By Sharon Omahen
University of Georgia
Typically, the work of Gary Pederson's staff goes unnoticed and unappreciated. But if the unthinkable should ever happen and all the crops in the United States had to be replenished, they would be overnight heroes.
Pederson heads the Plant Genetic Resources Conservation Unit of the U.S. Department of Agriculture's Agricultural Research Service. The unit is on the University of Georgia College of Agricultural and Environmental Sciences' Griffin, Ga., campus.
Facilities across the nation
The USDA-ARS plant germ plasm system includes a main seed storage facility in Fort Collins, Colo., and repositories like the one in Griffin in Geneva, N.Y.; Pullman, Wash.; and Ames, Iowa. Collectively, these facilities serve as a modern-day Noah's ark for crops worldwide.
"The reality behind why our facility is here and why it's funded is to preserve genetic variability of crops for use today and in the future," Pederson said. "We currently house more than 82,000 seed or germ plasm samples of more than 1,430 crop species from more than 180 countries."
Pederson hopes the seeds will never be lost. Nonetheless, he makes sure every crop on his list is backed up. It's a lot like backing up your computer's hard drive.
"Long-term preservation of these materials is something everyone sees value in," he said. "If we had to stock our facility today, we couldn't do it. Many of these samples were collected years ago throughout the world. Today, the native plants may no longer be found in these areas, or access may be difficult."
The seed bank is stored either as seeds or as germ plasm or "plantlets."
"Most of our collection is stored as seeds," Pederson said. "But we also store tissue cultures of crops like sweet potatoes. We actually have 700 cultures of sweet potatoes alone."
Stored in freezers and refrigerators
Seeds are stored either at refrigeration (40 degrees Fahrenheit) or freezer temperatures (zero degrees).
"Most crops last longer at zero degrees," Pederson said. "Some hard-seeded crops like sorghum can last 30 to 50 years."
Pederson's goal is to store most seed in the collection at zero degrees. This would drastically reduce the times the seeds would need to be reproduced.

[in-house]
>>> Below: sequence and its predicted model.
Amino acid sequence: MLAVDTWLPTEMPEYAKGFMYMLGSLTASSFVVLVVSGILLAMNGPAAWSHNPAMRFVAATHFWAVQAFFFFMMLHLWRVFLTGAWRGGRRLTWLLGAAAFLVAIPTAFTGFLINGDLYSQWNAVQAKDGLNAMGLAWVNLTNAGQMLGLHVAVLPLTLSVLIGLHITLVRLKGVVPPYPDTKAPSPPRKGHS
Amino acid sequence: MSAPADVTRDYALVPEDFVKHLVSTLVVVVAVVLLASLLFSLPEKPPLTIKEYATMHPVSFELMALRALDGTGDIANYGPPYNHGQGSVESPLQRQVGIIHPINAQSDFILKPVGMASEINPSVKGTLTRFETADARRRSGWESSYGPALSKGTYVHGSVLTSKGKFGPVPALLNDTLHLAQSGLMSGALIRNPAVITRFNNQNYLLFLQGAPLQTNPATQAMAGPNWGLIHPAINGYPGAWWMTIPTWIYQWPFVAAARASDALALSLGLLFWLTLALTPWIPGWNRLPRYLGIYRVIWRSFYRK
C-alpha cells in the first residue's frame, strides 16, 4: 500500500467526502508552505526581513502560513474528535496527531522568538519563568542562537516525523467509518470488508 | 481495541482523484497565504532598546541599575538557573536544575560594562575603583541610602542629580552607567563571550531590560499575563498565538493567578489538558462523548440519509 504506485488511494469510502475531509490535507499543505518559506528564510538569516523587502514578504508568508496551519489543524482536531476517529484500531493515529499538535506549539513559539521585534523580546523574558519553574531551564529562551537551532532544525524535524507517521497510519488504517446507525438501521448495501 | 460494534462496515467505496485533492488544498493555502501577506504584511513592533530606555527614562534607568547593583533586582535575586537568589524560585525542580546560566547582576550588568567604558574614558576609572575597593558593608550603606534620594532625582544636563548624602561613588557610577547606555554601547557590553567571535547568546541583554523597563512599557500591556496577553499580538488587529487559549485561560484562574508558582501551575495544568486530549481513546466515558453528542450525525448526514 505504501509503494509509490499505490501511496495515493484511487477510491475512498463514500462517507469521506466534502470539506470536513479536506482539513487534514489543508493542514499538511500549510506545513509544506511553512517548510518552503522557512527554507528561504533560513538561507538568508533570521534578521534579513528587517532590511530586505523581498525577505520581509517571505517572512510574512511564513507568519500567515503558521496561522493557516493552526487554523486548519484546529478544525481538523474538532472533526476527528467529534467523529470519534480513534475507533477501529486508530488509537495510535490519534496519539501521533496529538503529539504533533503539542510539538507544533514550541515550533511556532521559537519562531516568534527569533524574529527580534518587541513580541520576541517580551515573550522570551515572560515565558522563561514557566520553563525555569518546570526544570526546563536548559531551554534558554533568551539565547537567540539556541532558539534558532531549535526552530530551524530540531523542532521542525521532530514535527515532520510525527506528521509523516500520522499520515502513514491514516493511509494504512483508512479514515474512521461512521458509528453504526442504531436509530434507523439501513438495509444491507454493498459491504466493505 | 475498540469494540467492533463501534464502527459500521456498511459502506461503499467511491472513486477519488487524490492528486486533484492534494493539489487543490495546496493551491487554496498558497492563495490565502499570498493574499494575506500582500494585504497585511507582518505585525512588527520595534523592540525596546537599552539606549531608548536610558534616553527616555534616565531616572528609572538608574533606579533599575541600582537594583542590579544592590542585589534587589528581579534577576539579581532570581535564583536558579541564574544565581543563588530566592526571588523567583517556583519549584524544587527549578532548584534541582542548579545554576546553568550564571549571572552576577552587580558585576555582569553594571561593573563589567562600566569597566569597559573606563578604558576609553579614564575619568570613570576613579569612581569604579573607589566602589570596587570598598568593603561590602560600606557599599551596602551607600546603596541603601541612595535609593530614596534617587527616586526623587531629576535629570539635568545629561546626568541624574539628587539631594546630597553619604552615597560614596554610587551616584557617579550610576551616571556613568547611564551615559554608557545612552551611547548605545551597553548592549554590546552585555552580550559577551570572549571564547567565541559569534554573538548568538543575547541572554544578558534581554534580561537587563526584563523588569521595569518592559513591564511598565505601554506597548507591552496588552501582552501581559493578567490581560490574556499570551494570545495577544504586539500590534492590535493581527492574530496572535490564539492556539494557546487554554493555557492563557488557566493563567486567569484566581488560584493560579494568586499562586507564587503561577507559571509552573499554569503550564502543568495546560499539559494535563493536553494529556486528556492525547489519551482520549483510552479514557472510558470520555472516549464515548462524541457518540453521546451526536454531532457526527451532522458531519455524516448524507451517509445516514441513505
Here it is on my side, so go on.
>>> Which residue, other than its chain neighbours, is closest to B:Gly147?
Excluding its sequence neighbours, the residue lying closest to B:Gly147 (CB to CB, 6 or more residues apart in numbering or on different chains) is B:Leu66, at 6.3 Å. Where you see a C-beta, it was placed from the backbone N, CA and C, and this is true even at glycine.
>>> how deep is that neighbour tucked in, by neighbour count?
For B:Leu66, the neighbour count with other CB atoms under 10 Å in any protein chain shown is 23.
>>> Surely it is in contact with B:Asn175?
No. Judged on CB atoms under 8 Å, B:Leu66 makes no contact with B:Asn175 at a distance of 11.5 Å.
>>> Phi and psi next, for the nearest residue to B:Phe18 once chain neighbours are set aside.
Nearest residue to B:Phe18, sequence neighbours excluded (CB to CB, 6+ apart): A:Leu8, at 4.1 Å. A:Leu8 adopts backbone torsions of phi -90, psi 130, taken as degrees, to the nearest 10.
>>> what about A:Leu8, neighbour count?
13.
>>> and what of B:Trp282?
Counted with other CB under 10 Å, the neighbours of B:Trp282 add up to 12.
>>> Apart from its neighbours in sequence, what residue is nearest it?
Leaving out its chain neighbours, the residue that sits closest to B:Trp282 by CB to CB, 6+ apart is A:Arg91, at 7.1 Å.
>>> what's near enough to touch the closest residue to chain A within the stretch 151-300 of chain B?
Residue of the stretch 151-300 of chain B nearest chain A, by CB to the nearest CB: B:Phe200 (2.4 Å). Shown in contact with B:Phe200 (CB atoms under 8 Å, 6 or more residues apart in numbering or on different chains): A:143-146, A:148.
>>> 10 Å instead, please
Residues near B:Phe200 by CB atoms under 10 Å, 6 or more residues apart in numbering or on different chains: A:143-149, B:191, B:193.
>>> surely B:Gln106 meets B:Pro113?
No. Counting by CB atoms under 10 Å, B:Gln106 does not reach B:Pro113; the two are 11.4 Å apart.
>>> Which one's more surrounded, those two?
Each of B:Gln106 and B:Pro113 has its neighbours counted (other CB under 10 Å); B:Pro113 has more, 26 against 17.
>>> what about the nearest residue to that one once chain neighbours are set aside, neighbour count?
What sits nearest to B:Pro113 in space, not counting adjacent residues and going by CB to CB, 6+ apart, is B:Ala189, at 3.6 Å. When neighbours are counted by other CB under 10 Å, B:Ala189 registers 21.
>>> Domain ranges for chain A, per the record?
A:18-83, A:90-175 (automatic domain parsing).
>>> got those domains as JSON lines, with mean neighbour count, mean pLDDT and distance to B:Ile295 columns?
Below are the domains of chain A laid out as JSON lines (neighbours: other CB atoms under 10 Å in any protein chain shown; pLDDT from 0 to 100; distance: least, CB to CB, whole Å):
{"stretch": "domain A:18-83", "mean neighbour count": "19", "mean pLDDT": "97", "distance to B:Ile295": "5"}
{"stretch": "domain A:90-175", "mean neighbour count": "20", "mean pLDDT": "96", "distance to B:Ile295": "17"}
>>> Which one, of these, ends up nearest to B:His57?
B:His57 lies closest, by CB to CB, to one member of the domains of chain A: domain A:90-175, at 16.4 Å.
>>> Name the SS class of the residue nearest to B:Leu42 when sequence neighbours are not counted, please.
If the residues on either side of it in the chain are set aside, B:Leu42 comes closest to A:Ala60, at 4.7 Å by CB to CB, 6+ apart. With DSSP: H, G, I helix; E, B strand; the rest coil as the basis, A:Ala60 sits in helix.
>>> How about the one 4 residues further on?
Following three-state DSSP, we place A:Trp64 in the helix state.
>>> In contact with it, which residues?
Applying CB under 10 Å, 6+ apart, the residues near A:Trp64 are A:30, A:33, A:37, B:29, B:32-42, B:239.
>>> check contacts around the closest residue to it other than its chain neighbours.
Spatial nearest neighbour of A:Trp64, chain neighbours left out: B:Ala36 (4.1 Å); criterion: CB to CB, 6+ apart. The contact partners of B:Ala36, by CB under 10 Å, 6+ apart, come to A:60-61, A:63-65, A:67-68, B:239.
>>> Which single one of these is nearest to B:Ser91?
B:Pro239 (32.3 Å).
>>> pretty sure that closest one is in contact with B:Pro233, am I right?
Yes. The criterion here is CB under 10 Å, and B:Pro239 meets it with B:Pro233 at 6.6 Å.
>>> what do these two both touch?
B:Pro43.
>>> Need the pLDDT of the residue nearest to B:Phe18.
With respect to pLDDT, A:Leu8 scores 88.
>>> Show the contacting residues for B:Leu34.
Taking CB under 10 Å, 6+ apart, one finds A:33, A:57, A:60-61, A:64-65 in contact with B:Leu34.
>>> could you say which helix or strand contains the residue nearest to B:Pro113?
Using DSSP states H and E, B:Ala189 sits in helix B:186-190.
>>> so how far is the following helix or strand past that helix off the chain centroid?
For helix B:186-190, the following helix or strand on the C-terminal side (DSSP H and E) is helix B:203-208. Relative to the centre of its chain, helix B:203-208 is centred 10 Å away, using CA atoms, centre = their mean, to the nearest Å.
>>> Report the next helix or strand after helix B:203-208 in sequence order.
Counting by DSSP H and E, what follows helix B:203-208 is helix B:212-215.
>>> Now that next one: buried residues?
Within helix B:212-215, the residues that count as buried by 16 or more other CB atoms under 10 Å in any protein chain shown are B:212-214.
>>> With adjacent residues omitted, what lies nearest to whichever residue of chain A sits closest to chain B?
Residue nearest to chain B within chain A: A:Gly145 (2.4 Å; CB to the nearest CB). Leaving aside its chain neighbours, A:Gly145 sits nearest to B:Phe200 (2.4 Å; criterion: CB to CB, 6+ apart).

"Each time you regenerate, you take the chance of losing some of the sample's diversity," he said.
Seeds in the refrigerated collection are stored in resealable bags for easy access when requests are made. Those in the freezer storage are placed in foil, heat-sealed envelopes.
"The foil bags protect the seeds from moisture," Pederson said. "This really can come in handy if there is a roof leak or condensation buildup."
Though the collection is intended for long-term preservation, it's being used every day.
Plant breeders are primary users
"Scientists from across the globe request our materials for use in their research projects," Pederson said. "For instance, we house the national peanut collection, many of which are wild relatives of the varieties we eat. These wild relatives can be very useful in breeding new varieties because they may carry disease resistance, be more drought-tolerant or produce greater yields."
Pederson said researchers in Oklahoma recently requested samples of all 30,000 sorghum samples at the Griffin facility.
"They're fighting new biotypes of greenbugs and need material to breed resistance," he said. "Anytime a major crop pest or disease hits, we hear from the researchers who are working to fight it."
Other countries request samples of their native germ plasm as their own seed collection was lost or incomplete, he said.
The requests also come from nontraditional researchers. "Epcot has requested seeds for planting demonstration plots, and we've had requests for seeds of plants used historically in paper-making," Pederson said.
"In the past few years, we've averaged requests for 30,000 samples each year," he said. "And I'd love to see that rise to 50,000 samples per year. It shows that researchers are interested in and are using the germ plasm we maintain here."
(Sharon Omahen is a news editor with the University of Georgia College of Agricultural and Environmental Sciences.)